The innocents of AIDS

I remember the raw fear.

(from the website for Every Orphan's Hope)

When the AIDS epidemic first stung the world’s consciousness 30 years ago, I had young children. All I could wonder was what kind of world would they grow up to face? How would they find a husband or wife? Would the entire country be overrun by the disease? It was a frightening time — the very future seemed to be in jeopardy.

But as the years progressed and we became more enlightened about the disease, AIDS became less scary, and compassion gradually began to overwhelm the fear. With access to medicine, active treatments and education programs, we kept HIV and AIDS corralled for the most part. What we initially feared — an out-of-control AIDS epidemic wiping out the country — did not materialize here.

But elsewhere it did. Take Zambia.

…. AIDS children have been much affected by the AIDS epidemic in Zambia where 120,000 children are estimated to be infected with HIV. However, being HIV infected is not the only way that children are affected by HIV and AIDS. In 2009 there were 690,000 AIDS orphans in the country and AIDS orphans made up half of all orphans in the country. Children may be abandoned due to stigma or a simple lack of resources, while others run away because they have been mistreated and abused by foster families.*

Today’s estimate of the number of Zambian AIDS orphans is approaching one million, according to recent United Nations data. These children are the innocents of AIDS. Without parents or family left, without the maturity to care for themselves, Zambia’s orphans are desperate. Numerous organizations worldwide are trying to help them. One of these is Every Orphan’s Hope.

Last summer, after studying abroad in Florence and “wwoofing”† on an organic farm in Roccabruna, Italy, a town in the Alps close to France, JMU media arts and design major Peter Jackson (’12) traveled to Zambia. He had learned about Every Orphan’s Hope and through networking had been invited to film a documentary about their work. It was a chance to use his SMAD skills and to explore a new part of the world. “A shot of luck,” he calls it.

“Social and cultural documentary [filmmaking] is something that’s been rolling around in my mind,” Peter says.  What he didn’t know when he signed on was the impact it would have on him. 

“My first time seeing the living conditions outside of a western society was an eye-opener. It was shocking,” he said.

Every Orphan’s Hope builds homes and sustainable communities for widows and orphans impacted by AIDS. Native Zambians do the construction under the supervision of other Zambians, creating not only homes but an investment in community.

“My job was to document what the organization was doing,” Peter says.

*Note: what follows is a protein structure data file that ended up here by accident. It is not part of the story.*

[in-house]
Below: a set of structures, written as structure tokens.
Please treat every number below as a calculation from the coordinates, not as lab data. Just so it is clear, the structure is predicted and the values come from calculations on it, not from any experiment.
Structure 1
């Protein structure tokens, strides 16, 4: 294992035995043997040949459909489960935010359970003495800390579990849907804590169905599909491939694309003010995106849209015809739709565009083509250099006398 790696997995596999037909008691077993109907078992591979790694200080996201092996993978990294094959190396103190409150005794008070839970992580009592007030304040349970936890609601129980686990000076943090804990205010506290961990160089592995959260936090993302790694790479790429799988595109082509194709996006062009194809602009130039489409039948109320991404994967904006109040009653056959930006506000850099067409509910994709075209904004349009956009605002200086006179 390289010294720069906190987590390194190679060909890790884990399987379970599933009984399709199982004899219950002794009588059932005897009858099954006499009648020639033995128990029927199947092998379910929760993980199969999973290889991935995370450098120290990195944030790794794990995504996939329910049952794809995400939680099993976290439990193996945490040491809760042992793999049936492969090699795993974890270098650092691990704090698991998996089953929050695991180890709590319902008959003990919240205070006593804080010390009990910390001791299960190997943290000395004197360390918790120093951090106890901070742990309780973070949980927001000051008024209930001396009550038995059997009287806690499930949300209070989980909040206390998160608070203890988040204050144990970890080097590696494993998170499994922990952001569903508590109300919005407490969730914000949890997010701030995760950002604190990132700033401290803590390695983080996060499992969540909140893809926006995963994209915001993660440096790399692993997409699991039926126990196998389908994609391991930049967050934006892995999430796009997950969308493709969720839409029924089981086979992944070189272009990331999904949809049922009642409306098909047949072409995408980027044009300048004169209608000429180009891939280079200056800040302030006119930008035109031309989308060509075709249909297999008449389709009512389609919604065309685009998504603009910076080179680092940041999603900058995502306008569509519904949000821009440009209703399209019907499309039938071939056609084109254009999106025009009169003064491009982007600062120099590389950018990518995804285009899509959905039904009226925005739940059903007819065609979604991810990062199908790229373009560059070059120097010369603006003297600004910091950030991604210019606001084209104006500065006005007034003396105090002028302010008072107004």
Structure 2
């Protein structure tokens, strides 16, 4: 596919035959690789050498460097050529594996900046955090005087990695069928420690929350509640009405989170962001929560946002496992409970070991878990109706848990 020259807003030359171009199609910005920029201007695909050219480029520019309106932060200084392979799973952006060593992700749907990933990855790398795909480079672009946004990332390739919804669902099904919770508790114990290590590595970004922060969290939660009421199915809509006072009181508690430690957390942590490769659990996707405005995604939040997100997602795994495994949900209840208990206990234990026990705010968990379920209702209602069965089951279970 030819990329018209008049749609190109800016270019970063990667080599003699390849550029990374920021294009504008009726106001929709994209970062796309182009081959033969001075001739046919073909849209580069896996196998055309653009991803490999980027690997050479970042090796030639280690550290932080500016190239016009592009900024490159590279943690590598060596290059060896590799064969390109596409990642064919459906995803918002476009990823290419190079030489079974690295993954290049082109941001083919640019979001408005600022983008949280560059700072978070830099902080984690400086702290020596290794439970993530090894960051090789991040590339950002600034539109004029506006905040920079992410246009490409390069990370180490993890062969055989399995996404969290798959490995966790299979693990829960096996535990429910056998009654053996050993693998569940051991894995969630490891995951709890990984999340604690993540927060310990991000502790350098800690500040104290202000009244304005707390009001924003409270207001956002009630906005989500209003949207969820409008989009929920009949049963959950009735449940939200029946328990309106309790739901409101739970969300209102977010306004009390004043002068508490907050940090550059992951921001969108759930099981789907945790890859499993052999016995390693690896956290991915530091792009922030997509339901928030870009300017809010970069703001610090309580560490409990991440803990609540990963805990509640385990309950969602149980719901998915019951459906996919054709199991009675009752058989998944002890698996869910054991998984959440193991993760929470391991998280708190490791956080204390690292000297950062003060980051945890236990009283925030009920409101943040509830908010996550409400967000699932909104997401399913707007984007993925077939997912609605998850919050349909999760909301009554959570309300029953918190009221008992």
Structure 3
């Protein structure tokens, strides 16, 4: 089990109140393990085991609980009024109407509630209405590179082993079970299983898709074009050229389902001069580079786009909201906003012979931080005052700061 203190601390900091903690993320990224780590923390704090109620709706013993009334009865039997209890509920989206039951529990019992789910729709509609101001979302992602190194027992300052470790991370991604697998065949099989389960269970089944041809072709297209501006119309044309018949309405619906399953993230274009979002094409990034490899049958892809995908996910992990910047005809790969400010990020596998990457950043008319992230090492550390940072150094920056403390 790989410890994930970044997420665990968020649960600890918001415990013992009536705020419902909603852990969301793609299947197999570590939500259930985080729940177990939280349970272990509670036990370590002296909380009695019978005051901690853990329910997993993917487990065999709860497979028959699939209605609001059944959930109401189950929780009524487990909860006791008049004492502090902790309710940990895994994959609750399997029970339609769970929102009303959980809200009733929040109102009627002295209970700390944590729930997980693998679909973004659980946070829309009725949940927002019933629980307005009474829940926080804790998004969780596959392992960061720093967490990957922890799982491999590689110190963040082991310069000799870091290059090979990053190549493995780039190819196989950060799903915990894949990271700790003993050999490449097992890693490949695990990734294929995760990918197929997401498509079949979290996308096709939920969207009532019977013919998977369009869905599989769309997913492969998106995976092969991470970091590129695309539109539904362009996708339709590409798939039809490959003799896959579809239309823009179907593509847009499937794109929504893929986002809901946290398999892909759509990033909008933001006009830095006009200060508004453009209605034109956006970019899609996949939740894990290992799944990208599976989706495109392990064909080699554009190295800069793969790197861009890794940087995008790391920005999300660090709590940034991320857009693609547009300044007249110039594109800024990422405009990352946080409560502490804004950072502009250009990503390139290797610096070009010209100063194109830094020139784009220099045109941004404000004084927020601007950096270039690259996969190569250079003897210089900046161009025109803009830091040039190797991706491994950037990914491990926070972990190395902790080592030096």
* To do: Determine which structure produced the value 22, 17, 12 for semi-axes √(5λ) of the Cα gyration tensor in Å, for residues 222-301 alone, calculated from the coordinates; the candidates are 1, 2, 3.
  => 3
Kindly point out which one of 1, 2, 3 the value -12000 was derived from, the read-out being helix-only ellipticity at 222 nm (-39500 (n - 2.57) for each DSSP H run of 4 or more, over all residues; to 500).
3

One AIDS widow lives in a home with eight to 10 orphans. Some of the children have been abandoned because of the stigma of AIDS and some are “double” orphans, having lost both mother and father to the disease. “The house mama becomes their mother. The other orphans become their brothers and sisters,” Peter says.

In addition to providing shelter and homes for the children, Every Orphan’s Hope works to help Zambians create sustainable economies.  One family Peter came to know — “Mama Jane and Lucky” — raise chickens, part of a co-op handing 35,000 chickens every cycle.

Because of the crisis, “within the community, there’s an inability to hope much for the future,” Peter says. Every Orphan’s Hope tries to change that. “If we can give them opportunity and give them an environment where they can feel loved and hope for the future, they are the ones who will empower the nation.”

For Peter, who captured hours of video, hundreds of still shots and is working on his documentary, the challenge is even more than bringing the story to the rest of the world. “You come back and think what can I get rid of? What can I do? It changed my life.”

To read more about the problem facing AIDS orphans, visit

To learn more about Every Orphan’s Hope, visit

*  (specific statistics’ sources are available on the website)
†For more information on “wwoofing,” go to

About James Madison University
This blog is about the people of James Madison University — a caring, committed and engaged community spread all over the world, making lives better and brighter, healthier and safer, kinder and bolder. As Gandhi suggested, we are taking steps to BE the CHANGE we wish to see in the world. And these are our stories....

Leave a Reply

Fill in your details below or click an icon to log in: Logo

You are commenting using your account. Log Out /  Change )

Google+ photo

You are commenting using your Google+ account. Log Out /  Change )

Twitter picture

You are commenting using your Twitter account. Log Out /  Change )

Facebook photo

You are commenting using your Facebook account. Log Out /  Change )


Connecting to %s

%d bloggers like this: